The difference between an experienced manager (Thad we would hope) and a by the book manager is that he doesn't give a damn about who his opposite number is. He talks to the guy he wants to and does it in person. I find the idea that Thad only knows what BP deigns to feed him rather ridiculous.

We see a public display of by the book effort, with the formal letters from Thad, with formal written responses. But these satisfy a mix of legal and public purposes. If Thad was only operating on this basis he should be dismissed immediately. But you don't get to be admiral by polishing doorknobs. Not in the real world.

Every lie is a felony and every BS/misinformation etc is obstruction of justics (most probably a felony too) . He knows everything he asks for and at the end may know a lot about oil industry.

Maybe will even get a job in the industry when he retires :-)

Jinn, I missed Allen's remark that they knew there's oil in the annulus but he may have been mistaken or misunderstood what he'd been told. Wouldn't be the first time. It could perhaps be inferred from the pressure response, assuming the OBM or whatever should be in it has a large enough difference in compressibility, the casing is compliant enough, the pressure transient sharp enough and the pressure recording frequent and precise enough afterwards. And not obscured by fluid hammer effects in the mud column. I wouldn't rule it out, I've seen some amazing stuff done with the first few seconds or minutes of a pressure transient analysis, but even if I had the numbers I wouldn't have the expertise to do the analysis.

But maybe they're just making sure their procedures are robust against the worst-case scenario. I'd refrain from doing something that had a 10% or 1% chance of causing another blowout, but that doesn't mean I know or even believe that the circumstances to make it possible are reality.

And which annulus? The one between the casing and the reservoir could be full of oil from the failure of the final cement job but everything shallower intact. But in practice that could be left forever if the inside of the production casing is plugged. The shallow casing strings are designed to be secure against reservoir pressure - they had to be because they were fully exposed to it during reservoir drilling, or rather to mud pressure which was even higher. Only a leakage path if they've since been compromised.

But it would be good to know for the post-mortem. E.g. mud in bottom annulus and mud in the rest has different implications from oil all the way up, or oil in none, and it may not be possible to tell if the cement in the production casing is higher than the 9-7/8" shoe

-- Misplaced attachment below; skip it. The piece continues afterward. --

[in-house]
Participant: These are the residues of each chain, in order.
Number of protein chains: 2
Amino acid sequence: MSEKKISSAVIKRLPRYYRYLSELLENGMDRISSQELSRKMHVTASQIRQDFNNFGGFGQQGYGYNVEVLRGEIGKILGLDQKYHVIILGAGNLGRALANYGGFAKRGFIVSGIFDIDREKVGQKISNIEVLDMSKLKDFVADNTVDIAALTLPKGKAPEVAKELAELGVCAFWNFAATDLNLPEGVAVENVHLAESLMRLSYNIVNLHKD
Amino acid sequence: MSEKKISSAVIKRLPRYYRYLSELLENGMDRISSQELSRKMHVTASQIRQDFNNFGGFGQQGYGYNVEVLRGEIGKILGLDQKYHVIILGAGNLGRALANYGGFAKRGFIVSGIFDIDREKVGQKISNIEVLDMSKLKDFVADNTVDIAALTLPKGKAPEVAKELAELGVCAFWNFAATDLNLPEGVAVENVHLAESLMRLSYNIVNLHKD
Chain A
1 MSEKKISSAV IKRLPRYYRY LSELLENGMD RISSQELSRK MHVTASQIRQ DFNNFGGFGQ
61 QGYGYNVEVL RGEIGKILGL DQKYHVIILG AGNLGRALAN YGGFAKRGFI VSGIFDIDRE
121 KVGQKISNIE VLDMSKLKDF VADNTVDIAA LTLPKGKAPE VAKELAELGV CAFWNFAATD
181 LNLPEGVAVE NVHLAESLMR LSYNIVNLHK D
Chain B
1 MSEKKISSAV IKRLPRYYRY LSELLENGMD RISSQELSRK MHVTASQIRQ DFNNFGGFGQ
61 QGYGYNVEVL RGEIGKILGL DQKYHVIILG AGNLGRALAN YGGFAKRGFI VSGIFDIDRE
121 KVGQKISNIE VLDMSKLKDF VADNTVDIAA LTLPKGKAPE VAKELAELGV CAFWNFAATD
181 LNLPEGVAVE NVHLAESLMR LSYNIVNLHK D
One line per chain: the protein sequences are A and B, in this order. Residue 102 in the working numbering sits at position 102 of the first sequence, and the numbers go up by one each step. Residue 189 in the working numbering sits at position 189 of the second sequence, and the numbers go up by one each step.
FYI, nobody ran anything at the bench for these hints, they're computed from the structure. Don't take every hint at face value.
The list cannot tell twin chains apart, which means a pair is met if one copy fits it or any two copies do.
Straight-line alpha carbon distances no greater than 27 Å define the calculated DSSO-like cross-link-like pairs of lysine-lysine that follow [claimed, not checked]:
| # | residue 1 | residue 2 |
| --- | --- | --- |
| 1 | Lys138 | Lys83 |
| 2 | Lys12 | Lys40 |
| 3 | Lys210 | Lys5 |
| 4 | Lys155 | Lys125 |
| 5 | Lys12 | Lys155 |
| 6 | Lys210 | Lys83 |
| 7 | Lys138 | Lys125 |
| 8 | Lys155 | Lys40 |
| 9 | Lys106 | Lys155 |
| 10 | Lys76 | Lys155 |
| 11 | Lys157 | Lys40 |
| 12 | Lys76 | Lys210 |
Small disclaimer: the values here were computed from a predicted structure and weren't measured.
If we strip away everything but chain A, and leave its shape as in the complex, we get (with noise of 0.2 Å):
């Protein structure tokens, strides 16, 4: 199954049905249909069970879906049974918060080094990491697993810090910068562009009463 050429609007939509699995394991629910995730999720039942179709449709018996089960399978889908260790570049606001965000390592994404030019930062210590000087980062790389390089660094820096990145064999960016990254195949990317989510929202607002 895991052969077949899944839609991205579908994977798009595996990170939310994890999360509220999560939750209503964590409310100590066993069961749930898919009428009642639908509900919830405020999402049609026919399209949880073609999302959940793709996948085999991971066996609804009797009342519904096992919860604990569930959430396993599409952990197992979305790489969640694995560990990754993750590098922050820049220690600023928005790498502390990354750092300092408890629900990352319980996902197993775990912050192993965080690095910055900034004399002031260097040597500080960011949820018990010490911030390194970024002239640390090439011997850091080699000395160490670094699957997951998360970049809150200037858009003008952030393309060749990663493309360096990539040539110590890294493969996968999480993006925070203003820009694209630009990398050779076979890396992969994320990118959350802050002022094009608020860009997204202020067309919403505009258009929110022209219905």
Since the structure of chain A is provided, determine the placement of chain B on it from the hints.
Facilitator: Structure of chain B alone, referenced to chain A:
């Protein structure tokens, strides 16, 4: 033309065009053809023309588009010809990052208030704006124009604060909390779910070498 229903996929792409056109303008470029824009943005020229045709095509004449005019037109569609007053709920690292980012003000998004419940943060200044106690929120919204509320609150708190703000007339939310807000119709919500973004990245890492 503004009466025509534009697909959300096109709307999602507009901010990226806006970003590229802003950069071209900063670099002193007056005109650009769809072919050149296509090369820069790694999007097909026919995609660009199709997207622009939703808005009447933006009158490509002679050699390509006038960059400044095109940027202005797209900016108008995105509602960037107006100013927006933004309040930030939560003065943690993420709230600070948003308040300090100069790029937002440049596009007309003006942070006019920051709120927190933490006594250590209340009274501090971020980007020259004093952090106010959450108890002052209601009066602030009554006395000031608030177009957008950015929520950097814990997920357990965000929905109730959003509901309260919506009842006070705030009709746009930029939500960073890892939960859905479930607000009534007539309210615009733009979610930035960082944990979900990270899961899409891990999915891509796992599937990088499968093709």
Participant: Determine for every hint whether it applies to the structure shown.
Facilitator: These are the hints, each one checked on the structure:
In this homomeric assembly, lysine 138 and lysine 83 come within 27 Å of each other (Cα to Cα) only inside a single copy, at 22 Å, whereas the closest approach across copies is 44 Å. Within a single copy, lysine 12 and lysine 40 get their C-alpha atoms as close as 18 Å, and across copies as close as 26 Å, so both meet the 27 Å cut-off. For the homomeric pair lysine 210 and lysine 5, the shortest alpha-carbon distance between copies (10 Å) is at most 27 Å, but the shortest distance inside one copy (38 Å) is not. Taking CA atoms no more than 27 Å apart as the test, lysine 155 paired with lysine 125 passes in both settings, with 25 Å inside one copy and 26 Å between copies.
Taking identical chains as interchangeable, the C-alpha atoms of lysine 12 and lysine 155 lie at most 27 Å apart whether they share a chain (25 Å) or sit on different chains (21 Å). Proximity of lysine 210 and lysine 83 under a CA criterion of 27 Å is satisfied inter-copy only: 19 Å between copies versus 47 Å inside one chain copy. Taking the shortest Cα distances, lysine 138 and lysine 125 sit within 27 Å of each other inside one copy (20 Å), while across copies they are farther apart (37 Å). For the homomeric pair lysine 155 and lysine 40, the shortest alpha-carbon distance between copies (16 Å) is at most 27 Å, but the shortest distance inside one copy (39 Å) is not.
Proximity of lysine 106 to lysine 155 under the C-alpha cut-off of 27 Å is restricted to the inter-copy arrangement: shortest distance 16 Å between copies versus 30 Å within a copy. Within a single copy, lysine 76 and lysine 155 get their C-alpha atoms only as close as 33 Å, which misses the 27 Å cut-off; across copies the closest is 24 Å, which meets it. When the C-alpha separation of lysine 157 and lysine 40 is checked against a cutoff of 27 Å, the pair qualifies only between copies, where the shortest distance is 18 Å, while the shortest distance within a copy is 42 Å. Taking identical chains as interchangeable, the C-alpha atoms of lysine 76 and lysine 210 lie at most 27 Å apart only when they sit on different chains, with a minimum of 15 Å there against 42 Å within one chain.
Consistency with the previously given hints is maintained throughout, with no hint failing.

And which annulus? The one between the casing and the reservoir could be full of oil from the failure of the final cement job but everything shallower intact. But in practice that could be left forever if the inside of the production casing is plugged. The shallow casing strings are designed to be secure against reservoir pressure - they had to be because they were fully exposed to it during reservoir drilling, or rather to mud pressure which was even higher. Only a leakage path if they've since been compromised.


I'm not following your question or your description of the well. The annulus is the space between the production casing and the outer liner which is a string of casing starting with 36" liner at the top to 9-7/8 liner at the bottom. That is an open path from the open hole at the bottom of the string to the production casing hangar and seal at the top. It is believed that space contains 1000 barrels of oil. No explanation has been given as to how that oil got there.

If the cement had failed at the bottom and the well bore liner was leaking somewhere that would be one explanation for how the oil got in the annulus. And yes a leak in the wellbore liner would have to occurred on or after April 20.

If the oil was flowing in that back side path on July 15 then capping the well on July 15 had no effect on the flow in the annulus and that flow had little if any effect on the pressures seen at the cap. That flow could be completely independent of any flow in the production casing. If there was no flow in the annulus on July 15 then the oil they now believe is in the annulus got there by some flow that stopped on its own prior to July 15.

But if the flow up the annulus stopped before July 15. Then how do they know there is oil in the annulus? IMO they wouldn't know if it wasn't flowing when they capped the well. So the fact that they are saying they know there is oil in the annulus suggests to me that it was flowing when they capped the well.

If the well was flowing up the annulus the RW team that was monitoring when the valves were closed would have still heard flowing after the flow up the production casing stopped on July 15. If after they cemented it the well went silent then that would explain how they are so certain there is this stagnant oil in the annulus that Allen keeps referring to.

This doesn't make any sense (not your comments, jinn - the official story). How can there be oil 'trapped' in the annulus now? If it's now trapped in an enclosed space, that means there's no escape path for it up near the wellhead - in which case, how did the oil get into the annulus in the first place? There wouldn't have been any inflow at the bottom if there was no way for it to escape at the top. How did it get there?